This is how it starts. With politeness.
Would you mind coming down to the station? Just to answer a few questions. It’ll help us out a lot - thanks. It’s a standard script the cops use when they call. Like telemarketers. The good ones know how to ad lib, to make it sound like they haven’t said those lines a thousand times before. Like you’re special.
Of course, if you’re really special, it won’t be a call - it’ll be a knock on your door. Would you mind coming down to the station with us? We’ll give you a lift, no problem, while they gesture behind them to that standard-issue Crown Vic on the curb. Keys in hand. Eyes mostly bored, with just a little bit of irritation. They hold the pose a little too long, just long enough to make you feel like you should go with them, you should get into that backseat.
Then comes the waiting.
Once you’re in the precinct, you’re on their time now. They’ll offer you a hard, dinged-up wooden chair next to a standard-issue, dinged-up metal desk. Make yourself comfortable. We’ll be with you in a few minutes. They’ll give you what passes for coffee, a cheap paper cup of hot, brown-gray water that smells vaguely of boiled leather. And then they leave you alone. To wait.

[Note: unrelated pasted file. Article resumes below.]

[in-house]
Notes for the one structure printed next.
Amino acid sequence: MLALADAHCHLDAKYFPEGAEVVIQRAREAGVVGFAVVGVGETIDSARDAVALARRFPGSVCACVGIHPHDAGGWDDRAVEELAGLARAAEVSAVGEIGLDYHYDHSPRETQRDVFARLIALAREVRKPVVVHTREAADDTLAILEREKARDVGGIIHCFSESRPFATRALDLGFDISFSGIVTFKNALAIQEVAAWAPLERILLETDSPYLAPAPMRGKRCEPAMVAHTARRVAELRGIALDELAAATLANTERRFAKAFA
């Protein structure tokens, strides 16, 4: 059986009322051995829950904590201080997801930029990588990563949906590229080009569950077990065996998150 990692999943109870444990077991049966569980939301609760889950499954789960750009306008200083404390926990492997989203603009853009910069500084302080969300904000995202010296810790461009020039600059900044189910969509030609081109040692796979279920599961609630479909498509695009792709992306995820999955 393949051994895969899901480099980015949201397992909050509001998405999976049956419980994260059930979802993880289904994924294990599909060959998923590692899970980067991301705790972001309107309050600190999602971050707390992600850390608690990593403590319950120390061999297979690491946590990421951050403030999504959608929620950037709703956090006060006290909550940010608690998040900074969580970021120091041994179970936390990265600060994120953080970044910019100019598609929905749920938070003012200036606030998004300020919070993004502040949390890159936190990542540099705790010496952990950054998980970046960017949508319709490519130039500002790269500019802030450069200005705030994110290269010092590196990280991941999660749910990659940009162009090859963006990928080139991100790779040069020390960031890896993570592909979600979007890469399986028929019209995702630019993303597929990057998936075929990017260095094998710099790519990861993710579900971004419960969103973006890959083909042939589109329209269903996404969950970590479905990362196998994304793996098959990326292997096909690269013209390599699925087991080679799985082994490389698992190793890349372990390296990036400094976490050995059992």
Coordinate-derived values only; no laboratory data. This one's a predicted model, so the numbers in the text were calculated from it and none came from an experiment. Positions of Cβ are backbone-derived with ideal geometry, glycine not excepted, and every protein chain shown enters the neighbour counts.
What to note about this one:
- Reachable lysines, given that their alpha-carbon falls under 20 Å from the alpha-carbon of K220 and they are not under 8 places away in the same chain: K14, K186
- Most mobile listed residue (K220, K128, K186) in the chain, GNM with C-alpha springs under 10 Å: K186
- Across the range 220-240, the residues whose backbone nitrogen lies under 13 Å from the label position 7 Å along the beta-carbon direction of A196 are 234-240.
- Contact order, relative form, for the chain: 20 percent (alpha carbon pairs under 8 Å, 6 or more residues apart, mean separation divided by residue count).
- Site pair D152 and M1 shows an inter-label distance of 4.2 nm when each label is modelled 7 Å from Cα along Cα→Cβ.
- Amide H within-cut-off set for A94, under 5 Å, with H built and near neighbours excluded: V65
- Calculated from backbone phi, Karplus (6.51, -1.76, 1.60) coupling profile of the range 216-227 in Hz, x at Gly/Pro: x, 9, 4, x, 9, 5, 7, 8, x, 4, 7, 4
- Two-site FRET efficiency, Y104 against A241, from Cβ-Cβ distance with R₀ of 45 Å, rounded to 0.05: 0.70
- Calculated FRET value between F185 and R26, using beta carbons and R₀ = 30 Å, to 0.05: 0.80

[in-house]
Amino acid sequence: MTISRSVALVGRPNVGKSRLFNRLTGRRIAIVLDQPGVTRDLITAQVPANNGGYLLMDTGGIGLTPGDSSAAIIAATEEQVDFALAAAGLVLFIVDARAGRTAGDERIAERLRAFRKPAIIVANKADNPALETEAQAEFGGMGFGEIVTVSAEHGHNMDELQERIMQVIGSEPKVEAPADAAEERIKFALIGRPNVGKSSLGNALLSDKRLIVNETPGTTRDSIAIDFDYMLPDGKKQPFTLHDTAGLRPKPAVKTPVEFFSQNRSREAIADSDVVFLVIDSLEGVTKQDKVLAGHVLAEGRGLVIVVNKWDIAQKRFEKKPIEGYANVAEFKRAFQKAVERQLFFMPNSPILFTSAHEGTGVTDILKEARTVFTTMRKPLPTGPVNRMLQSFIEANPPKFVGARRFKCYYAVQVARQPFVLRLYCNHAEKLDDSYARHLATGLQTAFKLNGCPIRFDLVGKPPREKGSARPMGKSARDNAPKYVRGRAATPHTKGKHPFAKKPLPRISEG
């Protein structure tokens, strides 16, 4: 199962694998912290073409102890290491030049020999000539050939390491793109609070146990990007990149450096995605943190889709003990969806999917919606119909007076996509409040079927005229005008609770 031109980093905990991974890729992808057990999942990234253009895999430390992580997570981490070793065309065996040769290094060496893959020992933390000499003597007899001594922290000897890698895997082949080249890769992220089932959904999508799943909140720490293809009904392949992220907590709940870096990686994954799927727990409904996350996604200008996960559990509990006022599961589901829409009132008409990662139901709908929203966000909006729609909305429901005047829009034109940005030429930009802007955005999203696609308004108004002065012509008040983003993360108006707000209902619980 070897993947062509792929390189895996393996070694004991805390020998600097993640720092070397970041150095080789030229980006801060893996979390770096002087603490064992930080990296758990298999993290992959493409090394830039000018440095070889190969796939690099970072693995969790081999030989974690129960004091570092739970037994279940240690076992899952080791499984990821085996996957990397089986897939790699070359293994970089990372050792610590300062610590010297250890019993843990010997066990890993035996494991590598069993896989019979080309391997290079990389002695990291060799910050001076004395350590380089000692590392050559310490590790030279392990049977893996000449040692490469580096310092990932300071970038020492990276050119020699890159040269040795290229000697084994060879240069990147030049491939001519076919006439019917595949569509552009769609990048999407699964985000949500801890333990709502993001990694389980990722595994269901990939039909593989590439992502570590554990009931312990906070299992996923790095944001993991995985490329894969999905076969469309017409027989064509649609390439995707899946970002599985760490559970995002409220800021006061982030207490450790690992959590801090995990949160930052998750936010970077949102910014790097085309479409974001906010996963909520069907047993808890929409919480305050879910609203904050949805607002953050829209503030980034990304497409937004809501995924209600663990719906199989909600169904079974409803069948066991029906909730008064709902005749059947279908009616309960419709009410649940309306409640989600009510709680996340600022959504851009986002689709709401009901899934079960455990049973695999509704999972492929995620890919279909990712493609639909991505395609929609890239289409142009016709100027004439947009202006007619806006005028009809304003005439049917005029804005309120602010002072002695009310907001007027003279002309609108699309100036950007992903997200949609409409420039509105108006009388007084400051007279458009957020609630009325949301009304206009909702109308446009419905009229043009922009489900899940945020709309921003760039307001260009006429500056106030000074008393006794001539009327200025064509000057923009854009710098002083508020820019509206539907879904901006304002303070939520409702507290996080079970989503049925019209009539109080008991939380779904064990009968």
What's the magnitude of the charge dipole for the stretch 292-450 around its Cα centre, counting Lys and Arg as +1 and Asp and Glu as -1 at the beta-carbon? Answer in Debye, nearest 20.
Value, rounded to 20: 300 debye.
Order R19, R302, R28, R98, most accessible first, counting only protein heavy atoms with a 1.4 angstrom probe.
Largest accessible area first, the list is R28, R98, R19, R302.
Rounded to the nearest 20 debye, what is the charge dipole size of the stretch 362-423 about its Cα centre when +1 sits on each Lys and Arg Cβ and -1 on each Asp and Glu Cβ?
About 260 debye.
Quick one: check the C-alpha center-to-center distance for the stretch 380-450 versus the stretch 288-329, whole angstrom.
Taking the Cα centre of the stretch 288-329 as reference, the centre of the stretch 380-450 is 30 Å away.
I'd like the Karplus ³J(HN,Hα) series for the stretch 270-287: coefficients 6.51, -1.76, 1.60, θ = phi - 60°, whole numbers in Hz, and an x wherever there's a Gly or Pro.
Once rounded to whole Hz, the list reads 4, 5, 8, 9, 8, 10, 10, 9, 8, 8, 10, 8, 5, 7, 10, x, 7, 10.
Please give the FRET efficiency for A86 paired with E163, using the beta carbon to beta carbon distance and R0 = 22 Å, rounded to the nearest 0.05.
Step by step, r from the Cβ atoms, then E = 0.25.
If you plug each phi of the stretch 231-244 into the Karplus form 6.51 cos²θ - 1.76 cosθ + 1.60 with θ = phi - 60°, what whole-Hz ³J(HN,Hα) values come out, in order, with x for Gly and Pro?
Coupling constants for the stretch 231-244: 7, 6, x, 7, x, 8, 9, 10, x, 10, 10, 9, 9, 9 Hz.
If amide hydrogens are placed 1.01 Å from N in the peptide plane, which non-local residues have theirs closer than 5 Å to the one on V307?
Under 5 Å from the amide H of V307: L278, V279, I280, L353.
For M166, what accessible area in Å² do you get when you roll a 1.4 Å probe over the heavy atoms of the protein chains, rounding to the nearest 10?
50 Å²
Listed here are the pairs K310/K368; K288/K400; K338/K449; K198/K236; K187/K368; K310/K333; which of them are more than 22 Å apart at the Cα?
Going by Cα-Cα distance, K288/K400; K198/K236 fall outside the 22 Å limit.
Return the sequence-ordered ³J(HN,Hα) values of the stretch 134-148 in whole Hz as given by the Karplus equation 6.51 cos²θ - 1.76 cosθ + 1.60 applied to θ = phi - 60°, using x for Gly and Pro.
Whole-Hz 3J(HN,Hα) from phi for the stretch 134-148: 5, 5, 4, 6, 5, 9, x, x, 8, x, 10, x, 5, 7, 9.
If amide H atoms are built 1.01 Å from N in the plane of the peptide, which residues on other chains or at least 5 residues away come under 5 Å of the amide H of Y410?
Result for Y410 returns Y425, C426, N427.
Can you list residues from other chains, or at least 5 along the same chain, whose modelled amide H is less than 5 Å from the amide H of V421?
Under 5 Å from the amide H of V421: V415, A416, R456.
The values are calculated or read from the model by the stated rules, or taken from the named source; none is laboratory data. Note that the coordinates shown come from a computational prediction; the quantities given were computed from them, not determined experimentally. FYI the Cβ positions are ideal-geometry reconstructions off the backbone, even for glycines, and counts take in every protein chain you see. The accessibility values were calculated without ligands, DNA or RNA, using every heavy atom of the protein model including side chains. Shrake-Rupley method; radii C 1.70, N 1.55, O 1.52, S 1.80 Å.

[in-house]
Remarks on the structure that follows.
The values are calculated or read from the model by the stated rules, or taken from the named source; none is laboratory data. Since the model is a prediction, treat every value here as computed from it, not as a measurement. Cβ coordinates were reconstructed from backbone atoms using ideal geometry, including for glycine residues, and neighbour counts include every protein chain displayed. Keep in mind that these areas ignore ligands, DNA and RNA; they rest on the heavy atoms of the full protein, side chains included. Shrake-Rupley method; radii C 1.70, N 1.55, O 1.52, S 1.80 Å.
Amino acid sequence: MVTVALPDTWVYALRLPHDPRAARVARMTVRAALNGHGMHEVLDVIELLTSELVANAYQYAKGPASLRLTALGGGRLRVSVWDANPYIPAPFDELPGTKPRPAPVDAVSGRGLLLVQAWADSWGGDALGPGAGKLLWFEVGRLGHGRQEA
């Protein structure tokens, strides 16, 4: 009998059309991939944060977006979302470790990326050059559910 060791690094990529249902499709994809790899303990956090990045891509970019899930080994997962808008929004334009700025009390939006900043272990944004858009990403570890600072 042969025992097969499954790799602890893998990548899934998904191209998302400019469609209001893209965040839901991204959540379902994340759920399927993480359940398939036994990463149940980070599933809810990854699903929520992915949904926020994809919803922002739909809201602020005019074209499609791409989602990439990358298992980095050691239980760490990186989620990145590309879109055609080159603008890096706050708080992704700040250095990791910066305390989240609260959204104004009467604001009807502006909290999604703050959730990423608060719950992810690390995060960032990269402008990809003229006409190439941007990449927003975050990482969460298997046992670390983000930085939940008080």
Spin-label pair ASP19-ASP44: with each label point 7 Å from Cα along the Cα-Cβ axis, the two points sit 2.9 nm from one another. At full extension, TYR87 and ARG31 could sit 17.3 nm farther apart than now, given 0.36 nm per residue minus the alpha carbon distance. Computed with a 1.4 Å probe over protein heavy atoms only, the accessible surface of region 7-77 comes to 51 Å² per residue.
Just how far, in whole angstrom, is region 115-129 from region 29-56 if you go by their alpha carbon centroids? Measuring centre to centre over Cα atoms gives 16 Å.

Your mind spins slowly at first. You still think you’re helping out, doing your civic duty. You’re not worried. But little by little, you start noticing things - things that in any other situation you’d never pay attention to.
The scrape of chairs against linoleum. The constant ringing of phones in the background. Those reports on the desk by you, they’re all stained with coffee...
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